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The German Military Cemetery at Cassino contains the remains of over 20,000 German servicemen who lost their lives in the fighting in Italy during World War II. Unlike the British and American military cemeteries, the German cemetery is maintained by a private organization, the German War Graves Commission, which finances its work mainly through the contributions of its members and donors.
The Commission was founded in 1919 at the end of World War I and established cemeteries throughout Germany. Its work was hampered during World War II as the army’s grave registration services took over the task of burying the war dead. The Commission was re-established in 1946 and in 1954 Chancellor Konrad Adenauer designated the Commission to begin searching to find and care for German military dead and cemeteries outside of German borders. The Commission arranges for young Germans and school children to visit and help maintain the sites. German soldiers also contribute to maintenance.
Through a bilateral agreement in 1955, Germany and Italy agreed that German soldiers killed in action throughout the fighting in Italy during World War II would be re-interred in a few central cemeteries. In 1964, the German cemetery in Cassino was created and over 20,000 German soldiers have been laid to rest for the final time here.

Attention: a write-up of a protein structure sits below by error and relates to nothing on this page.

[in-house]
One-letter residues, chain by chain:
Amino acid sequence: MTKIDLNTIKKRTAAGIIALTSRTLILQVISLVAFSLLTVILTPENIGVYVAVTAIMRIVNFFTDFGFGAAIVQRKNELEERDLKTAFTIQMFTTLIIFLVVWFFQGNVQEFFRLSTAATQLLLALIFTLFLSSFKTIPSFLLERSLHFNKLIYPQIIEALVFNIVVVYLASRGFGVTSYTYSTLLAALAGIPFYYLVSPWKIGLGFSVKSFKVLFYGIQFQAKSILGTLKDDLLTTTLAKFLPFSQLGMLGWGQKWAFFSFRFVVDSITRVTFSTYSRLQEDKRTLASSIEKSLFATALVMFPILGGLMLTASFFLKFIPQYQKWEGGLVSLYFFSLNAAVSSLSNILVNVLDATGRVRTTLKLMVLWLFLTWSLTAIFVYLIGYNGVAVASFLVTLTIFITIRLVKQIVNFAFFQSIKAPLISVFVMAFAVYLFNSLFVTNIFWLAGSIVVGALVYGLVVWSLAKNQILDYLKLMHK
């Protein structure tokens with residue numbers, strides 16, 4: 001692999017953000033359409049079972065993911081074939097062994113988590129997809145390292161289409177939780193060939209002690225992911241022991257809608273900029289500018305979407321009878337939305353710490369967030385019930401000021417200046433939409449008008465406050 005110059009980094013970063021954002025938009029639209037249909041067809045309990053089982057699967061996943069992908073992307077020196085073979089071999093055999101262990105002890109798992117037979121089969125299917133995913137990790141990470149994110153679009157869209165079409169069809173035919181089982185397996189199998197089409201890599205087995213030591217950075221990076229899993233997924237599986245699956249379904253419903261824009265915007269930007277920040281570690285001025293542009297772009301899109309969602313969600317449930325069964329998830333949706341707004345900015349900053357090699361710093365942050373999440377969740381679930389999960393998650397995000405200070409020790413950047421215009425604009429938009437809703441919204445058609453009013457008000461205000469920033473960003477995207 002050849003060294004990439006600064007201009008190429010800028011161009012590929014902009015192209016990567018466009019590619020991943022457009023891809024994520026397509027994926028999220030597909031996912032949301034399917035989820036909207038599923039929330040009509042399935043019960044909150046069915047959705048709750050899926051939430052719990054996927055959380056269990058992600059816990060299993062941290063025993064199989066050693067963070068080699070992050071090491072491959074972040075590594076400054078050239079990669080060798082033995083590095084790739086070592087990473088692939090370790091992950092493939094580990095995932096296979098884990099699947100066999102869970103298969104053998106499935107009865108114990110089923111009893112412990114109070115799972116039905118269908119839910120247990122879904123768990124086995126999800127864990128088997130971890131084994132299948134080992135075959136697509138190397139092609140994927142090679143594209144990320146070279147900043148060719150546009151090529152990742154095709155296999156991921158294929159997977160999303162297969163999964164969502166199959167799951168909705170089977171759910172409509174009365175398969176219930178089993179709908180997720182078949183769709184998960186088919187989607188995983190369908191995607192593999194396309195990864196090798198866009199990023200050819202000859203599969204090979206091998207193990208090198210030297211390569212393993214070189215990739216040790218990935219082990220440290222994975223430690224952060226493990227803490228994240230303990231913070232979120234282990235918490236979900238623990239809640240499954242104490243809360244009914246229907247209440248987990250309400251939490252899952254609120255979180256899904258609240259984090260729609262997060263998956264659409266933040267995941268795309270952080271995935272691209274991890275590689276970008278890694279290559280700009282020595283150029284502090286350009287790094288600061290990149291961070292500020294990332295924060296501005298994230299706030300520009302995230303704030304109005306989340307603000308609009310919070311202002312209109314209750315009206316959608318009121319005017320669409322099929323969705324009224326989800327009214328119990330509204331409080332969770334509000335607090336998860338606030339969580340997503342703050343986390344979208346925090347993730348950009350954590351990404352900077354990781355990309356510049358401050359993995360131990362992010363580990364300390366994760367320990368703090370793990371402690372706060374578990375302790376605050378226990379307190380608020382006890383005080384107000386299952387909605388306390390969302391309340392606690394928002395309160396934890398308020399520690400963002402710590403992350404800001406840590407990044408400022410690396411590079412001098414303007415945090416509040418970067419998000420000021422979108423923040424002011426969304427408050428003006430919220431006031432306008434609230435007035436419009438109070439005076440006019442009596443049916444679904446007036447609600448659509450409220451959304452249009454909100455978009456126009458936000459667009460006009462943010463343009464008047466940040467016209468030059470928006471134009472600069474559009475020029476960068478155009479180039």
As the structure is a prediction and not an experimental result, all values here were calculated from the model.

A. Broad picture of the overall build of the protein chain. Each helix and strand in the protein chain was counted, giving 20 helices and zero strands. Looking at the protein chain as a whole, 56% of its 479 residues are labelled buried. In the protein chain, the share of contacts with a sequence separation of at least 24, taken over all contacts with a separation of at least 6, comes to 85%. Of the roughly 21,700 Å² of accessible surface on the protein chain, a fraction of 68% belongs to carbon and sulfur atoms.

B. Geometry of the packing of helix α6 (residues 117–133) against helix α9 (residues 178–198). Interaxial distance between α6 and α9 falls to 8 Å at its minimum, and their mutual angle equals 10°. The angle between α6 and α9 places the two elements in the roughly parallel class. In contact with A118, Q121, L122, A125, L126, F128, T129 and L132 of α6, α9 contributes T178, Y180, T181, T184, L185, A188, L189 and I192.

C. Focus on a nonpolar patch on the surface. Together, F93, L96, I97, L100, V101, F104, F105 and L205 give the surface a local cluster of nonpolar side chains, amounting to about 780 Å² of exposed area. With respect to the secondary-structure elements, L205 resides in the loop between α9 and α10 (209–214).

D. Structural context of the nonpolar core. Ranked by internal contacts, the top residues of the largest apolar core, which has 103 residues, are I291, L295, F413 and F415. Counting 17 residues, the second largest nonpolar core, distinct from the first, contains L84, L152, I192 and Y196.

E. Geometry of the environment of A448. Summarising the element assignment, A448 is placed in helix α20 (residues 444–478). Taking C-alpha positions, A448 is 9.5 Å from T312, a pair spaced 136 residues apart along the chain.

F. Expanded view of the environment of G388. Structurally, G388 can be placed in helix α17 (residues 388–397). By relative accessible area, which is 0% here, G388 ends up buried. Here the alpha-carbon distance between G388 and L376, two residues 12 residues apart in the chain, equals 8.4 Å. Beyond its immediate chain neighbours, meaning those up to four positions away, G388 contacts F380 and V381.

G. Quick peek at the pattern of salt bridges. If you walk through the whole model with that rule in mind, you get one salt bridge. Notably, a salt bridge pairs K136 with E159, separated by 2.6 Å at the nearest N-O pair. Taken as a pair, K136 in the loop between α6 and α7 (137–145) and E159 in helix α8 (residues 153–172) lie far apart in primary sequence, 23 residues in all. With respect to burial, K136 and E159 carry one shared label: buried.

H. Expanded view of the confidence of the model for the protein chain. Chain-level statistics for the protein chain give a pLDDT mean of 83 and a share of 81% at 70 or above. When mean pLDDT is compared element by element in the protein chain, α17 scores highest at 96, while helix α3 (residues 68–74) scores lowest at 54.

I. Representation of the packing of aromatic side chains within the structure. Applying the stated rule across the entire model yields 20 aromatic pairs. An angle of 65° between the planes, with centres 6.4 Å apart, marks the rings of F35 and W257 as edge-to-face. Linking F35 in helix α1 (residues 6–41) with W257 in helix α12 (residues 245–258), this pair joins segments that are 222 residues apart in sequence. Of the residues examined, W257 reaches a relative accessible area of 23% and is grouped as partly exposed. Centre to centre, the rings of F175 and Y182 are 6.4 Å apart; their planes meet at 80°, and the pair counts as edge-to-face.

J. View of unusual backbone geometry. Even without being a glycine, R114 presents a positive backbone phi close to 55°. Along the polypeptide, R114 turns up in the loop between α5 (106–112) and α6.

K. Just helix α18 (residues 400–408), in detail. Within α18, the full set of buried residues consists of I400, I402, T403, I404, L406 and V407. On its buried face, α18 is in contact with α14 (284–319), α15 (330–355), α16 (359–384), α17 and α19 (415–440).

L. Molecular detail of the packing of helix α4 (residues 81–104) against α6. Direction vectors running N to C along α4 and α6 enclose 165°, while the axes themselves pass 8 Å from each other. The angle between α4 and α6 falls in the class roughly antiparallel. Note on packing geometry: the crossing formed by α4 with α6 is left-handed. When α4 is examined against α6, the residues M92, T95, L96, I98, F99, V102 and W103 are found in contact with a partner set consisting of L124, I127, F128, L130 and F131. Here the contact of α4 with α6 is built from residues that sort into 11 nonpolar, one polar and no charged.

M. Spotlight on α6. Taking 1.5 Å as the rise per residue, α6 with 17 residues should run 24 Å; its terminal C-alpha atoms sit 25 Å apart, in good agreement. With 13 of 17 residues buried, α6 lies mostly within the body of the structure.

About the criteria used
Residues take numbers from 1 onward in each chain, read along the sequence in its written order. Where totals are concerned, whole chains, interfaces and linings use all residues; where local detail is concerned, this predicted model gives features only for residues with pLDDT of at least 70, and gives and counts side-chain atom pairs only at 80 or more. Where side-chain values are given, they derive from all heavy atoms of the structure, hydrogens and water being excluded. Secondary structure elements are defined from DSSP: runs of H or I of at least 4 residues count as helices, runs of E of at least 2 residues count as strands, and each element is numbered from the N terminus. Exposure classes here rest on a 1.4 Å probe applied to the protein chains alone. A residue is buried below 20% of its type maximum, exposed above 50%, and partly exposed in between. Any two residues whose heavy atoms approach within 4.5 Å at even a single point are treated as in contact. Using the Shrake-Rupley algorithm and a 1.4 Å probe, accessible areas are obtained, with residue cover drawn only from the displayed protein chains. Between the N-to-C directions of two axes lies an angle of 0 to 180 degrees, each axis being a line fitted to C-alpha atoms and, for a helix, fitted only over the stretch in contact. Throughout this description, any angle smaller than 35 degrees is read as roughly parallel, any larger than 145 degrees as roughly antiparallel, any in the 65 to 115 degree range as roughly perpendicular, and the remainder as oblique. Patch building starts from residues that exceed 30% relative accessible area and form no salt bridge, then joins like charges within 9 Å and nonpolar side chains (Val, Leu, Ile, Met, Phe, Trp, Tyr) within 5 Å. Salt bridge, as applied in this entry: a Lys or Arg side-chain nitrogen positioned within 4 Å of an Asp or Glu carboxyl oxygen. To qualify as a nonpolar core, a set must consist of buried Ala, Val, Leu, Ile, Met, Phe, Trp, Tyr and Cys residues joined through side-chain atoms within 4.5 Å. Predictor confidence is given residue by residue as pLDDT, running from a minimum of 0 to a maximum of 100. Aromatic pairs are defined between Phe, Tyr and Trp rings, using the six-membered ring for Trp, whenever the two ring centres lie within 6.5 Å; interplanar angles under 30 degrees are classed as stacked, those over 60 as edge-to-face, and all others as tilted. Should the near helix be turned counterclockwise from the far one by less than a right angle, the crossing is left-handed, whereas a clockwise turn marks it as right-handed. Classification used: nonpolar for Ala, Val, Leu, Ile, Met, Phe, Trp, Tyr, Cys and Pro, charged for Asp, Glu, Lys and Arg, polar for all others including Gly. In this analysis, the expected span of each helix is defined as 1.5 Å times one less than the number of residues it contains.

The site hardly mentions “World War II” but instead refers to the years of the fighting and contains simple cross headstones. Each gravestone holds up to 6 names and no unit identifications are included. Very few officers are included here. The site spirals up a hill to a small clearing at the top with a simple cross of iron. On the hilltop are several markers with large numbers of names inscribed and end with and to the “unknown” soldier. There is no statuary at the site. Instead of high-maintenance lawns, most of the gravesites are covered with low-maintenance ground cover plants.

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